The halo-halo (mix-mix) is one of the Philippine's fine dessert. With laced shaved ice, succulent sweets intercourse for a truly satiating gourmet.
The originating recipe seems Japanese: mongo-ya. There are competing traditions like the Singaporean "ais kachang," the Malaysian "air batu campur," and the Vietnamese "cha ba mau." No Filipino fiesta is quite complete sans its finale.
My issue with this delight involves the optics. My eyes bulge while impatiently seeking to get down to the good stuff. So I spill a lot while slurping.
A Franciscan brother once shared a French version of this delicacy. He demonstrated how the Parisian engaged the tall glass.
I normally thrust my long spoon directly to the mix, often frustrated by the stubbornness of compacted ice. It takes effort to punch through the slush before one gets the goodies.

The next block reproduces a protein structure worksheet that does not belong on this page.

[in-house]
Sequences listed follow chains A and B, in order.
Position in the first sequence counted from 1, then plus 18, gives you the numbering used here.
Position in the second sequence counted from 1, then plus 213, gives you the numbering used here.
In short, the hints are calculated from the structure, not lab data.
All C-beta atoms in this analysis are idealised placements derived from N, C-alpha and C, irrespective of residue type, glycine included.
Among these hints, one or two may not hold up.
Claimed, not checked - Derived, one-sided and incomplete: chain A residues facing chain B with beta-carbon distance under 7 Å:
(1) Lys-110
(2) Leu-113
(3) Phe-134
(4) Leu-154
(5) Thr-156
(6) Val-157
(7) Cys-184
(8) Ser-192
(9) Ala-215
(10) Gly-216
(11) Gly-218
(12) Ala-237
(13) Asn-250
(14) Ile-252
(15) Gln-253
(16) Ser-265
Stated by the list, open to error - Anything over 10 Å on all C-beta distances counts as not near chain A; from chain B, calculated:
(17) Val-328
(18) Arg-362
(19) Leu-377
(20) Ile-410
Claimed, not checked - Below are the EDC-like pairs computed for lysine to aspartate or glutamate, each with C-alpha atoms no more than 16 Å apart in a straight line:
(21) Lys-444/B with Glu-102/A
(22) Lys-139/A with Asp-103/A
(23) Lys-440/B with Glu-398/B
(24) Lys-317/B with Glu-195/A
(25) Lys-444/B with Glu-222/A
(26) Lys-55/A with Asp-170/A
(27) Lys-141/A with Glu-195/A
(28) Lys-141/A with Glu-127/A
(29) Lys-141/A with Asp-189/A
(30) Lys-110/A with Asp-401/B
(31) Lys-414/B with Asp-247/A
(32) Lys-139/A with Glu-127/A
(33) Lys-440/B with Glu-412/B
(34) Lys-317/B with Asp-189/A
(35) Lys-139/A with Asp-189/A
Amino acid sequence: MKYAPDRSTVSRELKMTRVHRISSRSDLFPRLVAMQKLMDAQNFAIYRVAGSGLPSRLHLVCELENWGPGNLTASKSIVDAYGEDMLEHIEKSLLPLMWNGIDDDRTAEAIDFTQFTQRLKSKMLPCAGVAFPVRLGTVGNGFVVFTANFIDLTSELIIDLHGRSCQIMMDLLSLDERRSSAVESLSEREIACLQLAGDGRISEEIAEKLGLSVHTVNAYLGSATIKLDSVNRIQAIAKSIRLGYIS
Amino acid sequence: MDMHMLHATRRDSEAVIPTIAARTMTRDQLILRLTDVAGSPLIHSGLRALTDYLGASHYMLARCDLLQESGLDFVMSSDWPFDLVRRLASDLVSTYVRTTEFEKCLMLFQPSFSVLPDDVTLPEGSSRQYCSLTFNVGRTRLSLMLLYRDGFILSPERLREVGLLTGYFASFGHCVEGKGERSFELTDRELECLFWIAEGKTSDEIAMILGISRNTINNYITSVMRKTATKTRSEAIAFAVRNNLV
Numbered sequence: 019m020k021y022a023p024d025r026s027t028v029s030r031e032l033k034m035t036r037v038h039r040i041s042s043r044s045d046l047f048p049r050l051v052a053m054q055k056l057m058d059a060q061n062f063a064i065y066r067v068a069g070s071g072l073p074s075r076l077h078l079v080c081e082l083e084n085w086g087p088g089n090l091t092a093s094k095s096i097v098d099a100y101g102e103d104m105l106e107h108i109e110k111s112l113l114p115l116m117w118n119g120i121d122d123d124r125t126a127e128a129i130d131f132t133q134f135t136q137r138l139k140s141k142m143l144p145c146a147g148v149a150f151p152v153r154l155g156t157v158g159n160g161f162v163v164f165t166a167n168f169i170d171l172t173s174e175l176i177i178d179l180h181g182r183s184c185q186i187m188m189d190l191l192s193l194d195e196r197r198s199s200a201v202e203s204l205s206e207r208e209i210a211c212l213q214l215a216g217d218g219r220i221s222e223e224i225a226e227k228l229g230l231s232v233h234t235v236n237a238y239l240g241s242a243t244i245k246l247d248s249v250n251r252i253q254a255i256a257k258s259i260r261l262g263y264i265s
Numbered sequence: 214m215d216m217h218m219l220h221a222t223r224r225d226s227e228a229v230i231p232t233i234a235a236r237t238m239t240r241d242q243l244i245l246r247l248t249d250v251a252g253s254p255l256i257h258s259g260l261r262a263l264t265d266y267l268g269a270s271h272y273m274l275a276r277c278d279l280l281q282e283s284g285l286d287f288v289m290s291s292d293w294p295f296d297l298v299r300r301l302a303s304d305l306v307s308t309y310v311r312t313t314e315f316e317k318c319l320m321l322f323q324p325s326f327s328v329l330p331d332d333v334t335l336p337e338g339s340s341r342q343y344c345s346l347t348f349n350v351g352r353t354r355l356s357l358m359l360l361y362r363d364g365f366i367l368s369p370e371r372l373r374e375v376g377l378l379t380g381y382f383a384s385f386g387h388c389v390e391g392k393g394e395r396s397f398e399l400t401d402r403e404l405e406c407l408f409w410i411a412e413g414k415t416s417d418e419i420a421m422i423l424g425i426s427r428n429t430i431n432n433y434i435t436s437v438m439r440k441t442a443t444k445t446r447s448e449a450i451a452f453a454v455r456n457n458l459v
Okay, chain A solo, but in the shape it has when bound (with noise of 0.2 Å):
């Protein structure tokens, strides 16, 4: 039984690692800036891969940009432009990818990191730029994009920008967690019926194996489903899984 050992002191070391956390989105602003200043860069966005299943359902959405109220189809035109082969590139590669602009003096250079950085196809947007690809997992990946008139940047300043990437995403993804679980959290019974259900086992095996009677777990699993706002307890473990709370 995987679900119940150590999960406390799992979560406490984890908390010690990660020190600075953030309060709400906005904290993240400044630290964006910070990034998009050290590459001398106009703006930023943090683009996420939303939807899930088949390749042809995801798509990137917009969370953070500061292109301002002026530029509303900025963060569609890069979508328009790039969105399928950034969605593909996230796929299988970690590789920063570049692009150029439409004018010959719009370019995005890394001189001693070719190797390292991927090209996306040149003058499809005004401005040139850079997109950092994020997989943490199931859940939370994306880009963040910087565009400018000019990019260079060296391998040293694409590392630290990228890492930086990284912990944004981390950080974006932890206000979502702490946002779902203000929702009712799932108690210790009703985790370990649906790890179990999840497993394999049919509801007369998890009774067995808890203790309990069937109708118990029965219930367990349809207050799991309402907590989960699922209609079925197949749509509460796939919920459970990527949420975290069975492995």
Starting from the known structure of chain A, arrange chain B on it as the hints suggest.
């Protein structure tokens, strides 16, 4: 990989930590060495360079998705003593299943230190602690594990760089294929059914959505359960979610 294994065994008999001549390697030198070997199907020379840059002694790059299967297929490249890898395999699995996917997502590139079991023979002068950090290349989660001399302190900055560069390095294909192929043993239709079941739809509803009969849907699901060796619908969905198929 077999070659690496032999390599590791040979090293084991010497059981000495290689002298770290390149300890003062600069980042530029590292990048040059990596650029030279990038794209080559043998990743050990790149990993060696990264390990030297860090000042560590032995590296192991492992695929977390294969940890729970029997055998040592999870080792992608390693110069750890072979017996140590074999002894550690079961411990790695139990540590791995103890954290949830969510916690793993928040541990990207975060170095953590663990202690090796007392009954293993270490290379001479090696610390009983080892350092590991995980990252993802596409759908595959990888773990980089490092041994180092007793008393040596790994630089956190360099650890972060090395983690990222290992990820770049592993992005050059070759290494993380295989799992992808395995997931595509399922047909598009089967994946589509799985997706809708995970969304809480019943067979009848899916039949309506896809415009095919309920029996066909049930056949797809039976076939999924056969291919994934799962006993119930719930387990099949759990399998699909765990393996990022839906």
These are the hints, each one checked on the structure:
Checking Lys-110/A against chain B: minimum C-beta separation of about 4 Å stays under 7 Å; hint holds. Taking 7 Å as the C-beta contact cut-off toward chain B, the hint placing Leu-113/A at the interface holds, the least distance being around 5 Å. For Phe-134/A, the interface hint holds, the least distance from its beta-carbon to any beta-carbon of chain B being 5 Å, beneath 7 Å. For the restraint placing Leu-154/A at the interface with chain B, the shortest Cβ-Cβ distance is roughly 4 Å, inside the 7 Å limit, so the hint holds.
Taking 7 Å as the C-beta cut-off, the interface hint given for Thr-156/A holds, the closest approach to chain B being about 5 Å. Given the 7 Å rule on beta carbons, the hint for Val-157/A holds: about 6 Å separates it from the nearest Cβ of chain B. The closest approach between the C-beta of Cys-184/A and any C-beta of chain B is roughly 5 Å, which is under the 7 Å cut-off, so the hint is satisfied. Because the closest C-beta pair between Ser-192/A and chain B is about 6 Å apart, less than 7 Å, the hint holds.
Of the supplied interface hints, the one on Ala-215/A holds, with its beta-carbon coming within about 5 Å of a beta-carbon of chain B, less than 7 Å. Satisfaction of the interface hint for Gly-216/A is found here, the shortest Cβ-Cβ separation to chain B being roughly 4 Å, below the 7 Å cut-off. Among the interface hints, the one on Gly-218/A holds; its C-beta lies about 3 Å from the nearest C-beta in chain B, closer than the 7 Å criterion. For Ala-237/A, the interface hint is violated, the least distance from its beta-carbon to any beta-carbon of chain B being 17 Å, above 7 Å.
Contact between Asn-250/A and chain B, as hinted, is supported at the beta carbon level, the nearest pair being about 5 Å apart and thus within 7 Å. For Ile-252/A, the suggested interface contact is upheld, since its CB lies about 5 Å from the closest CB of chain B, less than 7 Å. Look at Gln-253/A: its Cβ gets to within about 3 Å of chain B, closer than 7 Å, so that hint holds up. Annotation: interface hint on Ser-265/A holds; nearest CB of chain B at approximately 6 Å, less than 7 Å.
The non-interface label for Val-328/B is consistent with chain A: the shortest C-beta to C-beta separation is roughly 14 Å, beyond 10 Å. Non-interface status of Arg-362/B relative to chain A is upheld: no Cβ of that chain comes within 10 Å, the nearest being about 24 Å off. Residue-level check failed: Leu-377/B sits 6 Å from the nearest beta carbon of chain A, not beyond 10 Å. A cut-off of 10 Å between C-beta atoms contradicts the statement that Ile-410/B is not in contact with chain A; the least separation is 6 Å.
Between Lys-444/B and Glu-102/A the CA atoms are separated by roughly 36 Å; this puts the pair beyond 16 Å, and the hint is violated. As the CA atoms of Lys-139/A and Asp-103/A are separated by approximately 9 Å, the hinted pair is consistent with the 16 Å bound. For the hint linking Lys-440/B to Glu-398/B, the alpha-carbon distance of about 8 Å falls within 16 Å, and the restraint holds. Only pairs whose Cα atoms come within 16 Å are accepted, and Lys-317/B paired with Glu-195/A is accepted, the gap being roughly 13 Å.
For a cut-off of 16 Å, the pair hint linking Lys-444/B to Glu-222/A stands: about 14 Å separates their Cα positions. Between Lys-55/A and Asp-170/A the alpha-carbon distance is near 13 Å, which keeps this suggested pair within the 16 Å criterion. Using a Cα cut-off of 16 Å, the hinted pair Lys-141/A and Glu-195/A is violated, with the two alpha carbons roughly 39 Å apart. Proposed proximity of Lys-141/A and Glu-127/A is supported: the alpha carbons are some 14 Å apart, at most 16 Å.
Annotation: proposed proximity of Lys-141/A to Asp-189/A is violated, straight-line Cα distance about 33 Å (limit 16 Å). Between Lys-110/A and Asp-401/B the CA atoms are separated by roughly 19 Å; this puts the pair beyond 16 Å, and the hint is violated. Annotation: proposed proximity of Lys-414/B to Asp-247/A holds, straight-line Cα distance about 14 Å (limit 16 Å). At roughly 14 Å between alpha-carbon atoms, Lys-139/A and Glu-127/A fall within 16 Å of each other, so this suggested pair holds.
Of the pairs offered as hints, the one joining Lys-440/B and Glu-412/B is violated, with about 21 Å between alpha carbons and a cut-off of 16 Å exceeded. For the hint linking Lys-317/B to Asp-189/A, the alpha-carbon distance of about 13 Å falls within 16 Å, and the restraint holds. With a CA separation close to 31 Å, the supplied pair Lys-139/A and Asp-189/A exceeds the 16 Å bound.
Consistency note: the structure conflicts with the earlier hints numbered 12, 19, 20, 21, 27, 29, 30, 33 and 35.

Not for the frenchman.
The spoon is gently slid towards the side, all the way down. Then ... the magic of a few soft lifts from the bottom up: the ice surprisingly melts ... ushering the glory of taste.
But that's halo-halo.
Why do I catch myself in such similar predicament each time I find attraction?
I went through life cascading through the brutalities of life's winding roads. The path's are well beaten and iced. All sorts of travelers seeking the best of luck. One day ... I got introduced to a tour guide, not from France, but from another world.
He showed me the dig for true delight.